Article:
Shayla Collins shares mindfulness practices that can be woven into a daily routine as opposed to added to it. This is Mindfulness is Real Life. How one connects with their mindfulness is personal and it should be customized to fit their needs. These accessible practices and accompanying coping strategies can be used to support your overall well being as well as that of the individuals and families you engage with. Mindfulness can help us to build resilience and compassion for ourselves and others. Homelessness and housing service providers show up every day to help care for and support your clients and colleagues. This essential work helps keep people healthy and safe. Learn skills that will help you build resilience and explore ways to care for yourself.  This training serves two purposes; an opportunity for direct service providers to slow down, pause, and take a much needed break and to develop mindfulness practices. Learn what type of mindfulness works for you, practice different techniques, and build skills that you can integrate into your busy day. Register Now for our second session of Mindfulness in Real Life On July 28th, Shayla will return to the Coalition for a training focused on how to bring mindfulness into the field to help with clients, this session will build on the first training, but these sessions can be taken a stand-alone trainings and participants will get great tools and benefit regardless of whether they are taken as a series or one-off trainings. This training will be interactive, participation is very much appreciated and always optional.  Mindfulness in Real Life: Skills for Working with Clients in the Field, Tuesday July 28th from 3-4:30pm. Learn About ShaylaShayla Collins designs and leads mindfulness and compassion programs in the greater Seattle area. She facilitates sessions for parents of children with disabilities …

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Public Benefits are Key! TANF & WorkFirst Training

Public Benefits are Key! Campaign Our Public Benefits are Key! campaign is a partnership with Solid Ground’s Benefits Legal Assistance (BLA) team and REACH, which combines training, technical assistance, and advocacy to ensure public benefits remain accessible. Last week’s training covered eligibility, income and resource limits for public benefits, and best practices for helping clients apply for these benefits. Our goal of offering Public Benefits training is to help case managers and others feel more confident in their ability to support their clients in accessing public benefits, and we are the only organization (to our knowledge) in Washington state offering trainings to access public benefits! Participants can also email questions to the BLA team (please put Ask a Lawyer in the subject line). Here are some helpful tips (full training video linked below): • The COVID-19 Hardship Extension, which extended public benefits even for folks over the 60 month eligibility limit, is valid through June of 2023. Even if your benefits were already terminated for being over the 60 month limit, you can reapply for benefits through June of 2023.• Case workers are encouraged to go to eligibility meetings with clients when possible to advocate alongside clients.• While often not advertised, DSHS provides support services for clients in WorkFirst, which can include work clothes, haircuts, relocation expenses, bus passes, etc. Advocate to benefit from support services available!• Eligibility for public benefits is confusing, and ending up in sanctions is an unfortunate result of that confusion. However, clients can appeal with “good reason,” such as family violence or child care difficulties. Clients have a right to an attorney during their appeal, and still receive benefits during the appeal process. For more details about public benefits, check out the full video of the training and PDF below! Video Recording and Slides Upcoming Public Benefits are Key! …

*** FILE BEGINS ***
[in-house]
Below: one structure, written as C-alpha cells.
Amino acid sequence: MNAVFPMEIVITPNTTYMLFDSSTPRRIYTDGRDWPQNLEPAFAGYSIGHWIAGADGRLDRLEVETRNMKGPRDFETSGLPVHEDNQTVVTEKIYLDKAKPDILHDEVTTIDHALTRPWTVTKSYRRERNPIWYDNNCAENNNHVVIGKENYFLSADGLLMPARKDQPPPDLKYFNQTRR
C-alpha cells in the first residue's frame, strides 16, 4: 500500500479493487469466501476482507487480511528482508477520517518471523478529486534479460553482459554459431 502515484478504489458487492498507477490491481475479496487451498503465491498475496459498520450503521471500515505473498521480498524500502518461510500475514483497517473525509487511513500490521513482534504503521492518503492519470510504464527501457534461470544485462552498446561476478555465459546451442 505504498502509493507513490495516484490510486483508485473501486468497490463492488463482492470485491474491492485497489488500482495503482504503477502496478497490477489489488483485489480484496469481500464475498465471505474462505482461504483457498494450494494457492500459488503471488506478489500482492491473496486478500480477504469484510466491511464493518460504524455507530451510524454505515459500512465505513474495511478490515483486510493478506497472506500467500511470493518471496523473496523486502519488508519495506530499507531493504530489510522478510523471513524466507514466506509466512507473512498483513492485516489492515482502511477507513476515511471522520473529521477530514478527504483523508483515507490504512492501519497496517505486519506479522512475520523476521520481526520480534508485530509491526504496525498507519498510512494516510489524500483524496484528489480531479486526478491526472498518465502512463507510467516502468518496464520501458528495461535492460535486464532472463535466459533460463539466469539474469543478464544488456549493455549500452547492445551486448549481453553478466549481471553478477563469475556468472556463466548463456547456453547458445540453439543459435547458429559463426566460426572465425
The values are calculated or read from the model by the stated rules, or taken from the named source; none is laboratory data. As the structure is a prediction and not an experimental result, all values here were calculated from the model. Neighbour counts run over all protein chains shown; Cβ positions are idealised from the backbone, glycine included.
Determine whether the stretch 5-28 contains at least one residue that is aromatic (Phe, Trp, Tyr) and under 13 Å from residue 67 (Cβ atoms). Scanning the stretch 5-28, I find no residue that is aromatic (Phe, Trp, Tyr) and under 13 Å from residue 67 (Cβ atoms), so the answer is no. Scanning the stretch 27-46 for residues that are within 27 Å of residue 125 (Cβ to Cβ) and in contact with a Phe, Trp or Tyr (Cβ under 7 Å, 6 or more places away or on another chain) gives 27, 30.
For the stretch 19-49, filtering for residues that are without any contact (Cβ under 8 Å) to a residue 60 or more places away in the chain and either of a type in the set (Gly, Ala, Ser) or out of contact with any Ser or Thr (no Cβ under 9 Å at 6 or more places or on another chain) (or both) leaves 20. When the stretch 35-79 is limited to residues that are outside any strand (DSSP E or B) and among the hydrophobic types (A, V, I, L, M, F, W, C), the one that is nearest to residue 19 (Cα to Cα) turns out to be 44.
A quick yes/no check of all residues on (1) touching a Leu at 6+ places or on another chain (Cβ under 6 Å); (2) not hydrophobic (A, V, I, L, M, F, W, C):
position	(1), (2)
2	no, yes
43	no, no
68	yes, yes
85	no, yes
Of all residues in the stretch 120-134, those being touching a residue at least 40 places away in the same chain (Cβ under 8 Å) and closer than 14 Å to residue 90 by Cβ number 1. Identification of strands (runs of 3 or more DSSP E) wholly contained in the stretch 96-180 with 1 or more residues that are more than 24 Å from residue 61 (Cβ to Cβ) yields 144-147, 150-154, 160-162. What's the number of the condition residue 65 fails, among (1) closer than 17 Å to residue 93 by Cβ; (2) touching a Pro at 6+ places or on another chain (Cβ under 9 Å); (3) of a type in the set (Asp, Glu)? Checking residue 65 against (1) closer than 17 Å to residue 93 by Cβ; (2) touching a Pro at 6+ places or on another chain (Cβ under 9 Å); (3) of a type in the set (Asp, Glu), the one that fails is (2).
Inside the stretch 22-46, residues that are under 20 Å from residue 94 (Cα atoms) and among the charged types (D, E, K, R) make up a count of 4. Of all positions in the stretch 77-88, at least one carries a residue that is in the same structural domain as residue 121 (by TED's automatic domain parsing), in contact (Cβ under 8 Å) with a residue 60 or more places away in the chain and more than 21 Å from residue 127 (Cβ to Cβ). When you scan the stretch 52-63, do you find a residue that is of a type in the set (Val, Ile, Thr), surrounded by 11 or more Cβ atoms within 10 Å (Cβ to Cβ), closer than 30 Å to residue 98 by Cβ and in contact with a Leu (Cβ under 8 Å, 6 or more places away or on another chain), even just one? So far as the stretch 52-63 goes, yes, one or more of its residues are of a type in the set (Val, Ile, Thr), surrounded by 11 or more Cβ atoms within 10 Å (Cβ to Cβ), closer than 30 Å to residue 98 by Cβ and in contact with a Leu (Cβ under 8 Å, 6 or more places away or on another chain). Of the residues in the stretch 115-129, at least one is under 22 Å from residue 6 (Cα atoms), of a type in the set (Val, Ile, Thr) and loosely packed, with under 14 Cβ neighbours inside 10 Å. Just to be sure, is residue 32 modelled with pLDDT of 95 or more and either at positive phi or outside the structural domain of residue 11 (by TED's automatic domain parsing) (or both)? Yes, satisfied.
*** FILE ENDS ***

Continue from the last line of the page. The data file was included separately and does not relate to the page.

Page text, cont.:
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June 16th General Membership Meeting

Emergency Housing Vouchers A big thank you to Kristy Johnson with KC Housing Authority, Peter Lynn with KCRHA, and Alice Kimbowa with Seattle Housing Authority for sharing and celebrating the good work of our community around the Emergency Housing Voucher’s (EHVs). Stay tuned for an upcoming Request for Proposals (RFP) that will provide money for services for the EHV’s. Naloxone/Narcan Training We had a powerful and informative training on Naloxone/Narcan. Wenye Dang, PharmD, Pharmacy Resident with Kelley-Ross Pharmacy Group provided facts about Naloxone/Narcan, how to recognize an overdose, how to use this life-saving medication, and you can GET NALOXONE! to help save lives. A real world perspective on what it’s like to use Naloxone/Narcan was given by staff from REACH and Public Health’s Robert Clewis Drug User Health Clinic. They shared their expertise, how to be more comfortable administering the medication, and the importance of ensuring everyone has access to Naloxone/Narcan. Support Wage Equity Jason Austin from the Seattle Human Services Coalition presented on their Raising Wages for Changing Lives Campaign. Sign on to the letter in support of wage equity! This campaign recognizes that “human service workers are significantly underpaid and . . . this perpetuates poverty and racial inequity” Upcoming Trainings and Meetings Register for July 21st General Membership meeting Public Benefits are Key! TANF & Work First on June 30th from 9-11am. Mindfulness in Real Life! Tuesday, June 28th, 3 – 4:30 p.m. (focus on self/community care & to practice mindfulness)   You Don’t Need a Home to be a Voter! training for service providers on Tuesday July 12th from 3-4:30pm Member Announcements  The Babies of Homelessness board is recruiting new board members to our team. If you know anyone who aligns with our mission and would make a fabulous engaged board member, please help spread the word. …